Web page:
NASA Research: Microbes from Earth Could Invade Mars Before Humans
In the race to colonize Mars, microbes may end up the big winners.
So says new research from the International Space Station and which was included in the conclusions of three recent papers that appeared in the journal Astrobiology: "Survival of Rock-Colonizing Organisms After 1.5 Years in Outer Space," "Resistance of Bacterial Endospores to Outer Space for Planetary Protection Purposes" and "Survival of Bacillus Pumilus Spores for a Prolonged Period of Time in Real Space Conditions."
All three papers were co-authored by Kasthuri J. Venkateswaran, a researcher with the Biotechnology and Planetary Protection Group at the National Aeronautical and Space Administration's Jet Propulsion Laboratory, whose work confirmed there are micro-organisms from Earth strong enough to stow away on a spacecraft and survive the long voyage to Mars or some other interplanetary destination.
Of course, one of the huge problem with the pollination of another world by Earth microbes, explains Venkateswaran, is that it would them be difficult for scientists to determine whether a life form existed on another planet before the arrival of robotic probes as well as human explorers.
According to NASA officials, spacecraft landing on Mars or other planets where life might exist must currently meet requirements for a maximum allowable level of microbial life, or bioburden, which are based on studies of how various life forms survive exposure to the rigors associated with space travel.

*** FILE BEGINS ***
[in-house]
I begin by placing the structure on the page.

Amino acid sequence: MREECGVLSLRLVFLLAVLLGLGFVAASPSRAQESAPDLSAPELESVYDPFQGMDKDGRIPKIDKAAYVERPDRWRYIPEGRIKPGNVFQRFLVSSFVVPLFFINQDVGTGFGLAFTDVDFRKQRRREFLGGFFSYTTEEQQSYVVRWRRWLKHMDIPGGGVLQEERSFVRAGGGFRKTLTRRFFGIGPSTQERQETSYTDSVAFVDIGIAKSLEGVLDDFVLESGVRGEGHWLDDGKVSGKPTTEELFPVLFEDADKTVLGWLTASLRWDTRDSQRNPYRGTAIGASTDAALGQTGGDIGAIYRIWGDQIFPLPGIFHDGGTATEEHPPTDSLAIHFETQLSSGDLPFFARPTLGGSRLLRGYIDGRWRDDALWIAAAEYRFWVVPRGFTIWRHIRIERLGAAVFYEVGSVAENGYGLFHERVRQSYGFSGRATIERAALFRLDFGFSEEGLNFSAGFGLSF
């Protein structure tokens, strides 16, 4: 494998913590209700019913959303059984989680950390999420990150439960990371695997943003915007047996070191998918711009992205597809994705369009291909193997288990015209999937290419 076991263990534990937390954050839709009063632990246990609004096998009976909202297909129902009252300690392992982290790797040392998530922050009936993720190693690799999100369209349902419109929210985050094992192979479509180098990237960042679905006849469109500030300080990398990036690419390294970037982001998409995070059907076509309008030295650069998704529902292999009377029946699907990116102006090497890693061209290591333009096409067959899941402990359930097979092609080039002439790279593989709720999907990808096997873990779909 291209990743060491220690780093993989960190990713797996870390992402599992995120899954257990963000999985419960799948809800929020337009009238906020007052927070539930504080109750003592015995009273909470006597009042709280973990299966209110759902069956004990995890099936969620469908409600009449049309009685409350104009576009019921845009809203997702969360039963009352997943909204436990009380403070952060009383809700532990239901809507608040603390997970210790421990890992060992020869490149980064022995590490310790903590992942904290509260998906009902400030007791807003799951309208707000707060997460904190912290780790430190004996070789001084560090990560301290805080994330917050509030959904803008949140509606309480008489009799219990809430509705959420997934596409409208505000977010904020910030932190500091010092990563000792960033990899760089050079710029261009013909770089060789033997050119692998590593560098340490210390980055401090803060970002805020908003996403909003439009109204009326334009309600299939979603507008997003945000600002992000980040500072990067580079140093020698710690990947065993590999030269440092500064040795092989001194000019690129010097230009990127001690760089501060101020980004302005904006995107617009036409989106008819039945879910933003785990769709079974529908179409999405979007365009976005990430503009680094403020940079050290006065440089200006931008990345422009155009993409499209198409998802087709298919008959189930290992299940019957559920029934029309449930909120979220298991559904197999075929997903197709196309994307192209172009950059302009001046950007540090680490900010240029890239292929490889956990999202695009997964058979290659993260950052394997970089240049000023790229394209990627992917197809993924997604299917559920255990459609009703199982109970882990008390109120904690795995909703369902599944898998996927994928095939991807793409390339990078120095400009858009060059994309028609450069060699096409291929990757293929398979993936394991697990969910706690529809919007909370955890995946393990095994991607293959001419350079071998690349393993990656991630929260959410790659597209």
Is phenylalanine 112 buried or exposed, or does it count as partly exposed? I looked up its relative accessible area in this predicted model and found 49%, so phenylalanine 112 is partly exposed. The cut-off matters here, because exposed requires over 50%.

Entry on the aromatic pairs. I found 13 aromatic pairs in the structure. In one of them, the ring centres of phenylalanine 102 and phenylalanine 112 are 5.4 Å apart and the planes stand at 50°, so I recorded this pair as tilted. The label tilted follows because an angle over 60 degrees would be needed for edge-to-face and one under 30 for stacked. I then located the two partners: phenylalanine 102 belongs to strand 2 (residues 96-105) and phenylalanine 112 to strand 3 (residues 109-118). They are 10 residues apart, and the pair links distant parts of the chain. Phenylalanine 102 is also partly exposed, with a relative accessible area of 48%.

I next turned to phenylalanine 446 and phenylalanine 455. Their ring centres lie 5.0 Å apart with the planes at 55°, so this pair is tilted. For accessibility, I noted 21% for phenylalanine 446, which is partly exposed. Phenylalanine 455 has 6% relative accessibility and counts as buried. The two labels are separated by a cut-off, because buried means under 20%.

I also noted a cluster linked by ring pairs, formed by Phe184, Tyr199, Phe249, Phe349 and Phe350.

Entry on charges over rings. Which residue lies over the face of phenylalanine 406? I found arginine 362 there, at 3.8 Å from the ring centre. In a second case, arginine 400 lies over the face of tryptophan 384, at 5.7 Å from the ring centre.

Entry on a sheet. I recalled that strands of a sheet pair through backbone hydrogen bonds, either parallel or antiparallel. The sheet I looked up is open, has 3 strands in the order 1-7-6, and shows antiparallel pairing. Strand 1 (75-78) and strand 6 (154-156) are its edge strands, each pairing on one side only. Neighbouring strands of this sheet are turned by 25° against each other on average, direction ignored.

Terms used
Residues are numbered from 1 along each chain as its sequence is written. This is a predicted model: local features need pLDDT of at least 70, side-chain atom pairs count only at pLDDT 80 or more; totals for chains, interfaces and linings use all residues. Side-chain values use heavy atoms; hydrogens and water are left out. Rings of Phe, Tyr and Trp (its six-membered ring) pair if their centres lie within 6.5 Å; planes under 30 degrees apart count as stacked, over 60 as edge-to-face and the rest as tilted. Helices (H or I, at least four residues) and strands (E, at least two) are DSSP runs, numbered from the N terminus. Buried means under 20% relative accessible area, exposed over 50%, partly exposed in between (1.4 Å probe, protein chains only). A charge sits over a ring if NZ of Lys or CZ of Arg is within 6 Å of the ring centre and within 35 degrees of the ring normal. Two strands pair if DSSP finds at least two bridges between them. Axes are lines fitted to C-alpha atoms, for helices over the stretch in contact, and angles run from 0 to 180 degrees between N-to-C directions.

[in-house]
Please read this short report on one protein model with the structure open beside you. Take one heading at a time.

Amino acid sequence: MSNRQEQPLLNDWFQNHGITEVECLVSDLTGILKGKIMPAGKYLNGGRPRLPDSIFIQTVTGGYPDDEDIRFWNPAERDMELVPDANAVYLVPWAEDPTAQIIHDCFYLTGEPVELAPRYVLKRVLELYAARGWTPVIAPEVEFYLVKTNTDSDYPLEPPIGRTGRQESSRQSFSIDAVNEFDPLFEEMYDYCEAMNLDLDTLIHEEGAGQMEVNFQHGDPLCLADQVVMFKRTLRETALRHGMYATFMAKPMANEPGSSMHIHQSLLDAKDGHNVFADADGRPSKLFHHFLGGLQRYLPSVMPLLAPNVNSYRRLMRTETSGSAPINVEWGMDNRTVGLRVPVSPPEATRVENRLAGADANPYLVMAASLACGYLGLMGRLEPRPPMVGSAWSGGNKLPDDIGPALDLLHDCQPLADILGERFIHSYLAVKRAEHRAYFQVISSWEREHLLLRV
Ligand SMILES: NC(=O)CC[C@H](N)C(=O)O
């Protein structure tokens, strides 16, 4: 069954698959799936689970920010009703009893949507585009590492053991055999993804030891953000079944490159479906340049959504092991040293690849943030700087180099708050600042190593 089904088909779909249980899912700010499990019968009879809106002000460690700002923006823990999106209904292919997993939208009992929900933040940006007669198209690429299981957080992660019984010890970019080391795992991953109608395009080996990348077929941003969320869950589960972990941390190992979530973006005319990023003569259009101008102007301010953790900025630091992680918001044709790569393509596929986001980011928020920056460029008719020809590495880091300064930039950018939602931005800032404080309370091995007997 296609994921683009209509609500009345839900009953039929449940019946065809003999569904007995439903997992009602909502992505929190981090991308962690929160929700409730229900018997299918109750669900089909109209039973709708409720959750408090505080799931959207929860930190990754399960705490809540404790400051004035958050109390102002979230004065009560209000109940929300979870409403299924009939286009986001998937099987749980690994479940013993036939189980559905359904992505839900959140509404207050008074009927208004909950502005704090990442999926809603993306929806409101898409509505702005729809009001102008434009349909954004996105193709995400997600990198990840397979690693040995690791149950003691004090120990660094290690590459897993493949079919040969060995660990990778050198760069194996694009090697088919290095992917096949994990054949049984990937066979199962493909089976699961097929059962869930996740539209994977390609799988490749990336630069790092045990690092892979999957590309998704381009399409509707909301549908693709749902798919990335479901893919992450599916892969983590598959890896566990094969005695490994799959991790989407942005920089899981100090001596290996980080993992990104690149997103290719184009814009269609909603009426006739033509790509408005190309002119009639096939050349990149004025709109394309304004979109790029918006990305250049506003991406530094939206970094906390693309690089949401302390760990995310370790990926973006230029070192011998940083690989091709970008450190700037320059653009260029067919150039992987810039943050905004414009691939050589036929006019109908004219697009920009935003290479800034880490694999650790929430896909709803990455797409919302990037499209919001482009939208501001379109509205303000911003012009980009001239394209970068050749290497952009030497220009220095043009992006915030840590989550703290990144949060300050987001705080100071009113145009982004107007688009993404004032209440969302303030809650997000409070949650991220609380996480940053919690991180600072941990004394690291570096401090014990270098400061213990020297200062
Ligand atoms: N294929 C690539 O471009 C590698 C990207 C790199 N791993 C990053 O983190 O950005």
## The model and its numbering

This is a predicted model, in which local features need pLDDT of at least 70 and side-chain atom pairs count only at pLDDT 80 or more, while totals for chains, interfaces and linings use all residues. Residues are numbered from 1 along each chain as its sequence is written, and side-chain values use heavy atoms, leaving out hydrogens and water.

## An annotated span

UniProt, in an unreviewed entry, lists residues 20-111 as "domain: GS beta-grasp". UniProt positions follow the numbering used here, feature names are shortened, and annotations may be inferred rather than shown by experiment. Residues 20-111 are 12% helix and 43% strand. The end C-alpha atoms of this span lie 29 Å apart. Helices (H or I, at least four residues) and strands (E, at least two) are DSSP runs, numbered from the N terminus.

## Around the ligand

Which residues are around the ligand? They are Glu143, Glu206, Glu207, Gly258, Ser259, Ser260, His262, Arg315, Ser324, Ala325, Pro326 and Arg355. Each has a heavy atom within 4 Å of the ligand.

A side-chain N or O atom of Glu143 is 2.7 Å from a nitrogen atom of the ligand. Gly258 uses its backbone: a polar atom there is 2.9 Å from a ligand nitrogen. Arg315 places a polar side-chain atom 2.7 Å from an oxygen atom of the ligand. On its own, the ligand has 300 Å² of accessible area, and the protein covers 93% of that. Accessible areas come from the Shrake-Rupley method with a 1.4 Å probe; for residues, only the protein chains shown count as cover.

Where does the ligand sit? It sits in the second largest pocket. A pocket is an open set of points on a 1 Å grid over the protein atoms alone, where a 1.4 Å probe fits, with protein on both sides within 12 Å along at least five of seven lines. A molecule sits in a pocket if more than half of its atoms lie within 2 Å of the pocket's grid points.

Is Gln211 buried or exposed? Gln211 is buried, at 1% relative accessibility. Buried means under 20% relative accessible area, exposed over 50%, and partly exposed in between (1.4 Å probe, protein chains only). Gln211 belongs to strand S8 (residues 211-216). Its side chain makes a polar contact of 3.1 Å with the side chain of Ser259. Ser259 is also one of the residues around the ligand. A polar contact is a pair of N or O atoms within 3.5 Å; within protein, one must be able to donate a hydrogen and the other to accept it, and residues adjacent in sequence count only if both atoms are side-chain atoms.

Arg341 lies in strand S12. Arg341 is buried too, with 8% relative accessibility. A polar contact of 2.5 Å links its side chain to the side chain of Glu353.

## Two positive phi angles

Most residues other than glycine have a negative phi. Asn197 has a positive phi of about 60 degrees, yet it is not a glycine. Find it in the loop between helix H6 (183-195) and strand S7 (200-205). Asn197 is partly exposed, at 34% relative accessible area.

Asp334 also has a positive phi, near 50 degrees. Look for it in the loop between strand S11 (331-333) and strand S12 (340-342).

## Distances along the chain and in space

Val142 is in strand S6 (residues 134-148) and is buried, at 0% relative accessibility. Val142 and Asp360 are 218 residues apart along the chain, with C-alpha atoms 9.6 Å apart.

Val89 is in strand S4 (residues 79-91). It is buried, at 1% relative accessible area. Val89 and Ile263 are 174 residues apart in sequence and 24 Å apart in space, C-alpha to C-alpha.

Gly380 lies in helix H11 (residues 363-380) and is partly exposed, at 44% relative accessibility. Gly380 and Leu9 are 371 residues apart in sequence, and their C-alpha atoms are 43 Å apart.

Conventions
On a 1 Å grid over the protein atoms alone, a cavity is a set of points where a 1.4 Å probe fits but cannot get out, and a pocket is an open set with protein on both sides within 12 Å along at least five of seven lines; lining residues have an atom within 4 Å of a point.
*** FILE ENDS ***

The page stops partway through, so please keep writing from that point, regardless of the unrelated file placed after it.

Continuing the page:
"If you are able to reduce the numbers to acceptable levels, a proxy for cleanliness, the assumption is that the life forms will not survive under harsh space conditions," said Venkateswaran.
That assumption may not hold up, though, since recent research has shown that some microbes are much more resilient than anticipated.
Spore-forming bacteria are of particular concern to NASA because spores have been shown to withstand various sterilization procedures, on top of the harsh environs of outer space.
Spores of Bacillus pumilus SAFR-032 have shown particularly high resistance to techniques used to clean spacecraft, such as applications of ultraviolet (UV) radiation and peroxide baths. When scientists subjected the tough little spore to a simulated Mars environment --- which kills standard spores in 30 seconds --- it survived for 30 minutes.
Another test left Bacillus pumilus SAFR-032 spores exposed for 18 months on the European Technology Exposure Facility (EuTEF), a test area mounted outside the space station.
"After testing exposure to the simulated Mars environment, we wanted to see what would happen in real space, and EuTEF gave us the chance," said Venkateswaran. "To our surprise, some of the spores survived for 18 months."
A handful of other hearty microbes were tested, providing new understanding about such microbial communities are able to survive in extremely hostile regions on the earth, as well as how they are affected by radiation.
Future exploration missions can use the results of the latest studies to explore new methods for minimizing the risk of contaminating another planet.